Dear Mendocino County Board of Supervisors,
I am writing to you because it has come to my attention that you are considering a citizen’s oversight committee for the sheriff’s department. I was perplexed to hear this, because I was unaware that our sheriff’s department has issues with police violence. Which from my understanding is why such committees have been put into place in other departments in our state, and country. Do you believe that our sheriff’s department has issues with police violence?
I was also under the impression that the County already has policies in place to deal with this type of conduct. Having a redundant system in place for this non-issue, seems like a waste of tax dollars from a department that already has enough trouble with funding. In my 42 years as a resident of Mendocino County, I have yet to hear of a story of someone who was a victim of police brutality from our sheriff’s department.
A quick Google search for “Police Civilian Oversight Committees” and about an hour of reading. Leads me to believe that on average they are expensive, and not very effective at dealing with the matters they are designed for. Article by Natalie Delgadillo May 25, 2017 quotes Tim Lynch, who has surveyed such bodies as part of his work as director of the Cato Institute’s project on criminal justice. “I tend to be skeptical of the track record of civilian review boards. I think they have several weaknesses – they’re very vulnerable to local political manipulations.” Frontline’s article by Priyanka Boghani July 13, 2016, states San Francisco’s Office of Citizen Complaints (OCC) which was formed by a ballot initiative in 1982 in response to a series of allegations of police brutality. This vote made San Francisco an early adopter of civilian oversight, but the offices 33-year history has been checkered by ineffectiveness. I would suggest doing ones due diligence on this subject, before applying efforts and resources to something that is quite possibly ineffective.
When you spoke to the Sheriff about this, what was his opinion? If this committee is implemented, what will the cost be and how many deputies will we lose from the department? My town of Covelo, is in need of more law enforcement personnel, not less. Please don’t let elected officials, public opinion, or policy makers from different states or cities, that do not reflect the views, circumstances, and issues in Mendocino County, affect your decisions on this.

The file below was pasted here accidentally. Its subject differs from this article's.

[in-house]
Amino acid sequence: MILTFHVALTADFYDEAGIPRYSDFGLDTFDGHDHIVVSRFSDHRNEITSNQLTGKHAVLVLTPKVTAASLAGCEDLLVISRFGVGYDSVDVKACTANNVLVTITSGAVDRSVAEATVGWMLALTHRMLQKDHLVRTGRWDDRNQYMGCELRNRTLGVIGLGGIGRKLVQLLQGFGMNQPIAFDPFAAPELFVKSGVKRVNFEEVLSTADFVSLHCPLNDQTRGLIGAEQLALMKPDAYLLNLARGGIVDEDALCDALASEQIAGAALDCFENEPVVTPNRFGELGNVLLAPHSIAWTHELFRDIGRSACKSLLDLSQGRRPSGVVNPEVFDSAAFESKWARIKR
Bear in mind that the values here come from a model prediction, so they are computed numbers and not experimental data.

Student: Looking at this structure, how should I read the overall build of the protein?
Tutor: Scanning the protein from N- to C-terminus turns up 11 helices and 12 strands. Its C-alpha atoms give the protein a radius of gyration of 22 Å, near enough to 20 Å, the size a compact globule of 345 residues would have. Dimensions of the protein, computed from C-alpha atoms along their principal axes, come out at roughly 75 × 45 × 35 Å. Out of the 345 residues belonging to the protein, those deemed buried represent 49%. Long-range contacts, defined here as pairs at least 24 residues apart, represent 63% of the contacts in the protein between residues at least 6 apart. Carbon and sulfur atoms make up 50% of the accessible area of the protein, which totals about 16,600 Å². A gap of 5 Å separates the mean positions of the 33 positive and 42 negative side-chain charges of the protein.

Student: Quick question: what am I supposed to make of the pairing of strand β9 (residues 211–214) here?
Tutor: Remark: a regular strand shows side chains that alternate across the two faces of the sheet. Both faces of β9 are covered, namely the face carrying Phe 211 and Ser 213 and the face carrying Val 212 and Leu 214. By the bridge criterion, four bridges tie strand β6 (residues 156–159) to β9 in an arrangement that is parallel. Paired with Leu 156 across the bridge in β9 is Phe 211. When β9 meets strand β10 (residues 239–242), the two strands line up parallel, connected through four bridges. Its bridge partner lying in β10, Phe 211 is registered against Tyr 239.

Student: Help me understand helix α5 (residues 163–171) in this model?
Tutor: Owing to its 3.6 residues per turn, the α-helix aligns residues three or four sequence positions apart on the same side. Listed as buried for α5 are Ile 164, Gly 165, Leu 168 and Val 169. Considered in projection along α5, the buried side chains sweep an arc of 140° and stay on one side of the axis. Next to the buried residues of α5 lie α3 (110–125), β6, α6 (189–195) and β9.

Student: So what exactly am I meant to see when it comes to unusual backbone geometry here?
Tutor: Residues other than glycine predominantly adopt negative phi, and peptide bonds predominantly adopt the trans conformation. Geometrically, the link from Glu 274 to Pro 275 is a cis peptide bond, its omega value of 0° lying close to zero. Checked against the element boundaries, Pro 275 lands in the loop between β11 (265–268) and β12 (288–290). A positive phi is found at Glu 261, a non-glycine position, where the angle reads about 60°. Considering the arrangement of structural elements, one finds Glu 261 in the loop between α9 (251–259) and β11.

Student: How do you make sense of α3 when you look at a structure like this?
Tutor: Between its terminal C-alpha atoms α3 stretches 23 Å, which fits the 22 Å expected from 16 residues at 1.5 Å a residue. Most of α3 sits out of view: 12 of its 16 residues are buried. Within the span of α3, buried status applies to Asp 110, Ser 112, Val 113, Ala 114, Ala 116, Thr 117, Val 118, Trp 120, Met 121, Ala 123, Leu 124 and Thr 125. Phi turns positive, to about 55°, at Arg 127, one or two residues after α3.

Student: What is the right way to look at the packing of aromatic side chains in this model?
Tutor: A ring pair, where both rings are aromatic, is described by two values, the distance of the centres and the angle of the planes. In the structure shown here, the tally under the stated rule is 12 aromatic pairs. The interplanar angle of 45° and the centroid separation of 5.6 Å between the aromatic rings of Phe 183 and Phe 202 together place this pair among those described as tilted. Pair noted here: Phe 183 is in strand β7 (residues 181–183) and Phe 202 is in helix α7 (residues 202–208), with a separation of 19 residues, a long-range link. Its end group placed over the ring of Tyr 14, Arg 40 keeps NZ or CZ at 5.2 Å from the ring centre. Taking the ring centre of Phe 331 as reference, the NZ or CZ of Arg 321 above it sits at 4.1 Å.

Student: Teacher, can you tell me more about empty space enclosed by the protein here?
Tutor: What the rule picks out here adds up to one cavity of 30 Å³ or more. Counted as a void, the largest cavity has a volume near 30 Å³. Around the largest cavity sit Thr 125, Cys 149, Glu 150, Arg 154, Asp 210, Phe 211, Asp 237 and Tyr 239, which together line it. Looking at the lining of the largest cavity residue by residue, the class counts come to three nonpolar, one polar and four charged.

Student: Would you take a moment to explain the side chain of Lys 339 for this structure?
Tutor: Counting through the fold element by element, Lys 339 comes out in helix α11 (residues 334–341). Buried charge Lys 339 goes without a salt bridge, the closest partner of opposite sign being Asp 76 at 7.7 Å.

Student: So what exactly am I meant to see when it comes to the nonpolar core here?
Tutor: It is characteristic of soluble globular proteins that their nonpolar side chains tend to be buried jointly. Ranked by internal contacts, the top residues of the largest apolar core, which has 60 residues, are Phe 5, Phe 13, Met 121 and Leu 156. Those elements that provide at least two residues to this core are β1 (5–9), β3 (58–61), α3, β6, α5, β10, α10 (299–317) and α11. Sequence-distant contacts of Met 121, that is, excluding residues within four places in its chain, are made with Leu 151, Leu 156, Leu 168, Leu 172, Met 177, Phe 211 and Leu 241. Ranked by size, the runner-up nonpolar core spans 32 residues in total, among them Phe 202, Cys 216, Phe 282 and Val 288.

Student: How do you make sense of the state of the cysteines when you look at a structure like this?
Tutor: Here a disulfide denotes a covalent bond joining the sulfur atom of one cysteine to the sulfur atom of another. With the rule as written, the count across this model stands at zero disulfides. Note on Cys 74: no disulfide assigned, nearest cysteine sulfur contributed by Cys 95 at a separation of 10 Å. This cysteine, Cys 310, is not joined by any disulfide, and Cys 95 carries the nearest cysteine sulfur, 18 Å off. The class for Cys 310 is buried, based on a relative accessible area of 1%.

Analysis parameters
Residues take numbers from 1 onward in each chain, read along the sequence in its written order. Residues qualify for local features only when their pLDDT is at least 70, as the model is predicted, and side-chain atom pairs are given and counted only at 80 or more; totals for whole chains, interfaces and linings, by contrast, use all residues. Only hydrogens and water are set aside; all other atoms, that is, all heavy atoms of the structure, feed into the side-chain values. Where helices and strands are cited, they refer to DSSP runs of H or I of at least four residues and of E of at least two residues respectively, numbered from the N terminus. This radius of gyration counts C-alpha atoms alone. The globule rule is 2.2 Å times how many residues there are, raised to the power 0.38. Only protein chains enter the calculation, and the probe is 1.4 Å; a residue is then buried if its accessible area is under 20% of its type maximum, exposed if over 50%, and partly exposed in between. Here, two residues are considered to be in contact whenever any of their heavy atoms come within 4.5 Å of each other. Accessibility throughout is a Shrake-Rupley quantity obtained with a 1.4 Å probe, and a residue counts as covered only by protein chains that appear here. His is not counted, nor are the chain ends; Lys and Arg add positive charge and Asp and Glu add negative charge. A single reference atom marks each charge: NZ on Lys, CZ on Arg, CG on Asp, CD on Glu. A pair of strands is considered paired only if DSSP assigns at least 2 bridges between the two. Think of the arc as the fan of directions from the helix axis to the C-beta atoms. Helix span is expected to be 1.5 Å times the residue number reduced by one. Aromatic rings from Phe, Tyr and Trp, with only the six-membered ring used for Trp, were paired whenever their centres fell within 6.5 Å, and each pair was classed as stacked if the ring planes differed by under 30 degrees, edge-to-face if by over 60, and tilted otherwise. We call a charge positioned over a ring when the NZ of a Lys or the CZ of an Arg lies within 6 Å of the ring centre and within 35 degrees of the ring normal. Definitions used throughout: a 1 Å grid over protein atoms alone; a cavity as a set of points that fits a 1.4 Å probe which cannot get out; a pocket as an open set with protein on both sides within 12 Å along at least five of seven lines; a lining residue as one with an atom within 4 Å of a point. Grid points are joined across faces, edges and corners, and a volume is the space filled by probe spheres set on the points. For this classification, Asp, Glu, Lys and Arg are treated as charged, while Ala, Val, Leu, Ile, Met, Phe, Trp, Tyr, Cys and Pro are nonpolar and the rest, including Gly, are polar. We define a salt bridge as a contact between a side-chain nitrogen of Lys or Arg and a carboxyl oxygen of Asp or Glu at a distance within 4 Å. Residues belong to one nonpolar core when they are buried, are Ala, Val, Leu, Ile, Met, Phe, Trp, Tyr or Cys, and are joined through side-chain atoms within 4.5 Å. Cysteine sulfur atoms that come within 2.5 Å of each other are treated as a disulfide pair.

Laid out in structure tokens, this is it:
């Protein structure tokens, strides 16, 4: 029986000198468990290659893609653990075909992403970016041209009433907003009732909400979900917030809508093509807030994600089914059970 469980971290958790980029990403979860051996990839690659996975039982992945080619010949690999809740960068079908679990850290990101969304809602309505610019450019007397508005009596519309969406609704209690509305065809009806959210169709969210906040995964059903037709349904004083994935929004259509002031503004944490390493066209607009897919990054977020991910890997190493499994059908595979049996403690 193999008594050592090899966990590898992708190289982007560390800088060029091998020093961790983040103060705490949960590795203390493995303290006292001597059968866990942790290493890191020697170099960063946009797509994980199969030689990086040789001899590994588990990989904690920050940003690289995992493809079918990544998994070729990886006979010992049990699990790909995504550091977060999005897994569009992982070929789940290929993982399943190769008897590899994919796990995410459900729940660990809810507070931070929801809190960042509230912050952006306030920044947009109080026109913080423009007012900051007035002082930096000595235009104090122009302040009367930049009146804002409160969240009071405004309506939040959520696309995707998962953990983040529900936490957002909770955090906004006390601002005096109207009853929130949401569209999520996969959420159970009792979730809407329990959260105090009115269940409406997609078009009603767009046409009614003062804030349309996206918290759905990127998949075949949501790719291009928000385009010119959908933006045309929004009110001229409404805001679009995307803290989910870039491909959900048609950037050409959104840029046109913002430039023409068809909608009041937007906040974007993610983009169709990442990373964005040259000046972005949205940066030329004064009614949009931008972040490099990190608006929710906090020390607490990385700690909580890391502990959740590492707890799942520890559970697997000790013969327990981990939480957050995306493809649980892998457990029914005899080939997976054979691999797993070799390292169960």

Natalie Delgadillo article May 25, 2017 https://www.governing.com/topics/public-justice-safety/gov-civilian-oversight-police-charter-amendment.html
Frontline article by Priyanka Boghani. July 13, 2016 https://www.pbs.org/wgbh/frontline/article/is-civilian-oversight-the-answer-to-distrust-of-police/
UKIAH POST OFFICE, 1920s
FROM SUPERVISOR WILLIAMS:
Local lineman for AT&T have received a letter announcing layoffs. AT&T plans to discontinue DSL service to Comptche (and perhaps other "legacy DSL" deployment areas). Repairs on landline outages have been in the weeks.
HOFMAN BUILDING, UKIAH
UNBEKNOWNST to most Mendolanders, the County Grand Jury released four reports in June. In the past the media has received notices of their release. Not this time.
The four June reports involved:
1. Serious Problems with the County’s Emergency Communications System
2. The Teeter Plan Oversight, Declining Revenues and County Participation
3. School Safety
4. Parlin Forks Inmate Camp
SUMMARY of #1: “The Emergency Communications System in Mendocino County — Protecting Life, Health, Safety, and Welfare”
Every emergency this County faces creates a greater than expected risk for first responders due to the state of the Emergency Communications System (ECS). The Mendocino County 2019- 2020 Civil Grand Jury (GJ) reviewed the County’s current system and evaluated the plan for its replacement.
Following the devastating wildfires in California, emergency preparedness is a phrase which has become all too familiar. Escape routes, go-bags, MendoAlert, and neighborhood FireSafe councils are now a part of everyday life. Mendocino County must be ready to deal with all emergencies efficiently and safely.
The Board of Supervisors (BOS) is supporting efforts towards preparedness and recovery by partnering with local, state, and federal agencies to fund emergency services, disaster recovery and resiliency. Some of these mitigation projects can be clearly seen by looking east and west at the new fuel breaks in the hills surrounding the Ukiah Valley. An operational emergency communications system is also key to protecting the life, health, safety, and welfareof Mendocino County residents. The phrase ‘life, health, safety and welfare’ is used by County departments to prioritize projects and funding.
October 22, 2019 at the BOS meeting, a presentation by ClientFirst, a technology consulting firm, emphasized the existing ECS has reached end of life (EOL). The system is experiencing an ever-increasing failure rate causing loss of communication between emergency responders.
ClientFirst recommended a five-year, three phase replacement schedule for the ECS which had an estimated cost of $11.3 million. Of the total amount, $1.6 million for Phase 1 was approved by the BOS on April 20, 2020.
During the October 22, 2019 presentation it was apparent that some members of the BOS were surprised by the current state of the ECS, although two previous GJ reports had recommended changes to strengthen it. Some of these recommendations appear to have been disregarded which highlights an absence of focus in this area by the BOS since 2007.